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I copy news articles pertaining to research, news and information for Parkinson's disease, Dementia, the Brain, Depression and Parkinson's with Dystonia. I also post about Fundraising for Parkinson's disease and events. I try to be up-to-date as possible. I have Parkinson's
diseases as well and thought it would be nice to have a place where
updated news is in one place. That is why I began this blog.
I am not responsible for it's contents, I am just a copier of information searched on the computer. Please understand the copies are just that, copies and at times, I am unable to enlarge the wording or keep it uniformed as I wish. This is for you to read and to always keep an open mind.
Please discuss this with your doctor, should you have any questions, or concerns. Never do anything without talking to your doctor. I do not make any money from this website. I volunteer my time to help all of us to be informed. Please no advertisers. This is a free site for all.
Thank you.


Wednesday, June 19, 2013

SWEETENER FOR TREATING PARKINSON'S DISEASE

19th June 2013 - New research

Journal of Biological Chemistry [2013] 288 (24) : 17579-17588 (R.Shaltiel-Karyo, M.Frenkel-Pinter, E.Rockenstein, C.Patrick, M.Levy-Sakin, A.Schiller, N.Egoz-Matia, E.Masliah, D.Segal, E.Gazit)  
The sweetener, mannitol, has been proposed as a potential means of treating Parkinson's Disease because of the dual mechanisms it has in the brain. Mannitol, which is used in medicine, is derived from mannose, which is a sugar. For more information go to Mannitol.
Researchers assessed the ability of mannitol to (1) interfere with the aggregation of alpha-synuclein, and (2)  its ability to disrupt the blood-brain barrier. Alpha-synuclein can accumulate in the brains of people with Parkinson's Disease and other medical disorders but can also be absent in Parkinson's Disease. It therefore appears that Parkinson's Disease can cause alpha-synuclein rather than alpha-synuclein being the cause of Parkinson's Disease as is often claimed. The blood brain barrier restricts access to the brain to certain substances. They demonstrated the effect of mannitol on alpha-synuclein by various means, and a decrease in alpha-synuclein accumulation.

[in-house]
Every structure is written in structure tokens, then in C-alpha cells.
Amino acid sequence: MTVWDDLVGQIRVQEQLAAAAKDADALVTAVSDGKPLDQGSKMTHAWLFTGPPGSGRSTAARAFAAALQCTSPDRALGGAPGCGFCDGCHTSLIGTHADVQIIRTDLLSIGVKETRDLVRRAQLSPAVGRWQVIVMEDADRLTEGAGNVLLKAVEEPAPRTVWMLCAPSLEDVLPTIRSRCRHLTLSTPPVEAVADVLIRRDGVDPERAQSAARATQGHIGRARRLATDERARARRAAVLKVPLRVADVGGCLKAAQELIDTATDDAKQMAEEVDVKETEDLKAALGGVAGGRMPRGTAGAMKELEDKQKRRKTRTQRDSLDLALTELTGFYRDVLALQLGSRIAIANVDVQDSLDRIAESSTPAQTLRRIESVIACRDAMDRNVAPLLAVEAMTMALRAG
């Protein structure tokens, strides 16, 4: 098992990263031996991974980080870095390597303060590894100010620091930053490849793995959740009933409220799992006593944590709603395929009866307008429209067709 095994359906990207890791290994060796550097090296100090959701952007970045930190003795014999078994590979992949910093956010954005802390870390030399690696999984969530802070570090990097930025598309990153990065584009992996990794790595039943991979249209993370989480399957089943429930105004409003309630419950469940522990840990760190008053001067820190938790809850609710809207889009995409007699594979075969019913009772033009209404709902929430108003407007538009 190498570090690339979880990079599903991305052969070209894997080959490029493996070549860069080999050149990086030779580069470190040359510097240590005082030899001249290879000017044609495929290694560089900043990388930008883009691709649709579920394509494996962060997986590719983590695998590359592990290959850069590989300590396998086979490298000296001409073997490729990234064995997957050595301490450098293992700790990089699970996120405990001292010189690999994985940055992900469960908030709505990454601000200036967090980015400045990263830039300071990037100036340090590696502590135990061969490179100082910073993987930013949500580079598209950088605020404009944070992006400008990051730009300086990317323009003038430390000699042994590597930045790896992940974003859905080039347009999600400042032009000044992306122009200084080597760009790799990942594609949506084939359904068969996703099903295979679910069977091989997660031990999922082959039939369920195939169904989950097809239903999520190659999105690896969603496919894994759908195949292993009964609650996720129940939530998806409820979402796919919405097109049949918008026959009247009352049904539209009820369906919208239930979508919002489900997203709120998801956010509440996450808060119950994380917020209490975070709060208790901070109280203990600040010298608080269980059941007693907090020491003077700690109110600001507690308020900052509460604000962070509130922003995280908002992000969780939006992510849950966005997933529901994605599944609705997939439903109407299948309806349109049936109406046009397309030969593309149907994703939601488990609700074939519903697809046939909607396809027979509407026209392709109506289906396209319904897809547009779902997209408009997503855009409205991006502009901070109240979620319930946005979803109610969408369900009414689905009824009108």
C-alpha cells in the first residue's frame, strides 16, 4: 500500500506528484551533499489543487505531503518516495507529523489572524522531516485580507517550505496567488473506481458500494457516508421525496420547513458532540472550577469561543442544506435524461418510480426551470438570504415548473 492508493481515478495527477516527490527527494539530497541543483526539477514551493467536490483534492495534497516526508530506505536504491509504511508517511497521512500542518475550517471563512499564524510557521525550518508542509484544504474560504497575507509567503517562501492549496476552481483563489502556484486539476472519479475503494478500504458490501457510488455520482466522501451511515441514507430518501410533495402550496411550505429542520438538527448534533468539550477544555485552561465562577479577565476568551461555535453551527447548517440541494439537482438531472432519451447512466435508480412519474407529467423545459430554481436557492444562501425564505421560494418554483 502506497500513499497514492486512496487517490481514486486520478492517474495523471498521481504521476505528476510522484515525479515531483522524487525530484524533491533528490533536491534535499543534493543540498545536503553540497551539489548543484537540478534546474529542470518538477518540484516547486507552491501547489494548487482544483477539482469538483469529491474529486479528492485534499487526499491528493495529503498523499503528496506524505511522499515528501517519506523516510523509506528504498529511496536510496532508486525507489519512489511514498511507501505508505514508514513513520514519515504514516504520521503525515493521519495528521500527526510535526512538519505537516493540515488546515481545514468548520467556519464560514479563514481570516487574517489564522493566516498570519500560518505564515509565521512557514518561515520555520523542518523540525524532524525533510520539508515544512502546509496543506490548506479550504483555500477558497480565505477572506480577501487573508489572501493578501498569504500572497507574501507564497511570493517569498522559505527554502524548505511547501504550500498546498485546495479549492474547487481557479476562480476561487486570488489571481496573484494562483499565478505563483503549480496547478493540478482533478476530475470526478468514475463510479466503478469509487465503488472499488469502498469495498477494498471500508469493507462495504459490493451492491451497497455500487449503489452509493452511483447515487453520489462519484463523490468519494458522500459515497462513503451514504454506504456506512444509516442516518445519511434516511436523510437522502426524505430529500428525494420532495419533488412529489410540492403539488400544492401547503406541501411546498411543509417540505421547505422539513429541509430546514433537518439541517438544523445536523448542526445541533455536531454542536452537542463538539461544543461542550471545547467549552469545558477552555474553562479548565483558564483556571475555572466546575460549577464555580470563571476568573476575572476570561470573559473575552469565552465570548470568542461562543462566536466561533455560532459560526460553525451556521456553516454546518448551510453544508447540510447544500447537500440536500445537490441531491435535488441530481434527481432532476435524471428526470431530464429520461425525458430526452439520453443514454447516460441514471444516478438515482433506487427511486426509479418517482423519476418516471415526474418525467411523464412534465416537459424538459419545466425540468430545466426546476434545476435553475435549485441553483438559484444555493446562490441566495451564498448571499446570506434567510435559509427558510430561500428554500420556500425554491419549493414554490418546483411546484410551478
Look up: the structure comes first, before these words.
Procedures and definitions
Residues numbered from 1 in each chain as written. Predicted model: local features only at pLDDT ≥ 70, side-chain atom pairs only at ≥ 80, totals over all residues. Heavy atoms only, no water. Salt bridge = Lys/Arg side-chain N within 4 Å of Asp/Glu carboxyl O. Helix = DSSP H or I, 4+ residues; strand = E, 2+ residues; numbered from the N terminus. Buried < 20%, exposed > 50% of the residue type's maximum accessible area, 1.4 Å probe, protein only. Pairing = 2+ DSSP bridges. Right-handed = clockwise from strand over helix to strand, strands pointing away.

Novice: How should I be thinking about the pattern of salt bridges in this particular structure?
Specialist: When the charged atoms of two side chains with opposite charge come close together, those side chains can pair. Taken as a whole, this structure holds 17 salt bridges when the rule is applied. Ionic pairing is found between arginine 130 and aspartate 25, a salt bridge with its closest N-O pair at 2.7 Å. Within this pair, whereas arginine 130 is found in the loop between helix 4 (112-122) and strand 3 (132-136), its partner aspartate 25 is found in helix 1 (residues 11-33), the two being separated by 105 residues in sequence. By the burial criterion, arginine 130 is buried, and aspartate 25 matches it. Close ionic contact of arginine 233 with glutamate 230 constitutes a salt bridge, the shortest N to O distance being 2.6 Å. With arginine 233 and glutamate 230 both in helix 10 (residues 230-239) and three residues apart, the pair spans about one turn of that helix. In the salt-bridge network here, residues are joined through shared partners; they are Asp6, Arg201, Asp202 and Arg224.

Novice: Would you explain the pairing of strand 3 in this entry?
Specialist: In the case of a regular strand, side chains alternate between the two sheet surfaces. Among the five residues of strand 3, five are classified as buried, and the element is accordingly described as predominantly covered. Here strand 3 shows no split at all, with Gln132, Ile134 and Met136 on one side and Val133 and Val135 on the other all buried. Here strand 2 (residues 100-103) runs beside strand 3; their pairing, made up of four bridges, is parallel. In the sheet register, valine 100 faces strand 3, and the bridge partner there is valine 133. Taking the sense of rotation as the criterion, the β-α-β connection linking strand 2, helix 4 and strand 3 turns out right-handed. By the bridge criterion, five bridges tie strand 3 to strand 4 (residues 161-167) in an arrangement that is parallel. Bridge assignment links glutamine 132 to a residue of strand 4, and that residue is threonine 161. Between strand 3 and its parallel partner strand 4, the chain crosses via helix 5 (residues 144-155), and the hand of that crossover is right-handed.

The researchers therefore suggest mannitol as a basis for a dual mechanism therapeutic agent for the treatment of Parkinson's Disease. However, the research was  only carried out on mice and flies, who did not have Parkinson's Disease and who were not rid of its symptoms.

THE EFFECT OF PRAMIPEXOLE ON PARKINSON'S DISEASE

13th June 2013 - New research

Lancet Neurology [2013] May 30 [Epub ahead of print] (A.H.Schapira, M.P.McDermott, P.Barone, C.L.Comella, S.Albrecht, H.H.Hsu, D.H.Massey, Y.Mizuno, W.Poewe, O.Rascol, K.Marek)  
The Pramipexole On Underlying Disease (PROUD) study was designed to identify whether or not early versus delayed pramipexole initiation has clinical benefits in people with Parkinson's Disease. Pramipexole, which is sold as Mirapex, Mirapexin and Sifrol, is a dopamine agonist used for treating early-stage Parkinson's Disease. For more information go to Mirapex.

People taking pramipexole were given 1.5mg pramipexole per day. The average difference in Parkinson's Disease symptom scores (the UPDRS) showed no significant difference between early and delayed pramipexole. Fifteen months of use showed no benefit when compared to the use of pramipexole being delayed for 6 to 9 months. Over 80% of people who took pramipexole reported adverse events, with 81% of those given early pramipexole and 84% of those given delayed pramipexole. The most frequent adverse event was nausea.  Serious adverse events were reported by 10% of people in the early pramipexole group and 8% in the delayed pramipexole group. The authors conclude that the results do not support the hypothesis that pramipexole has disease-modifying effects.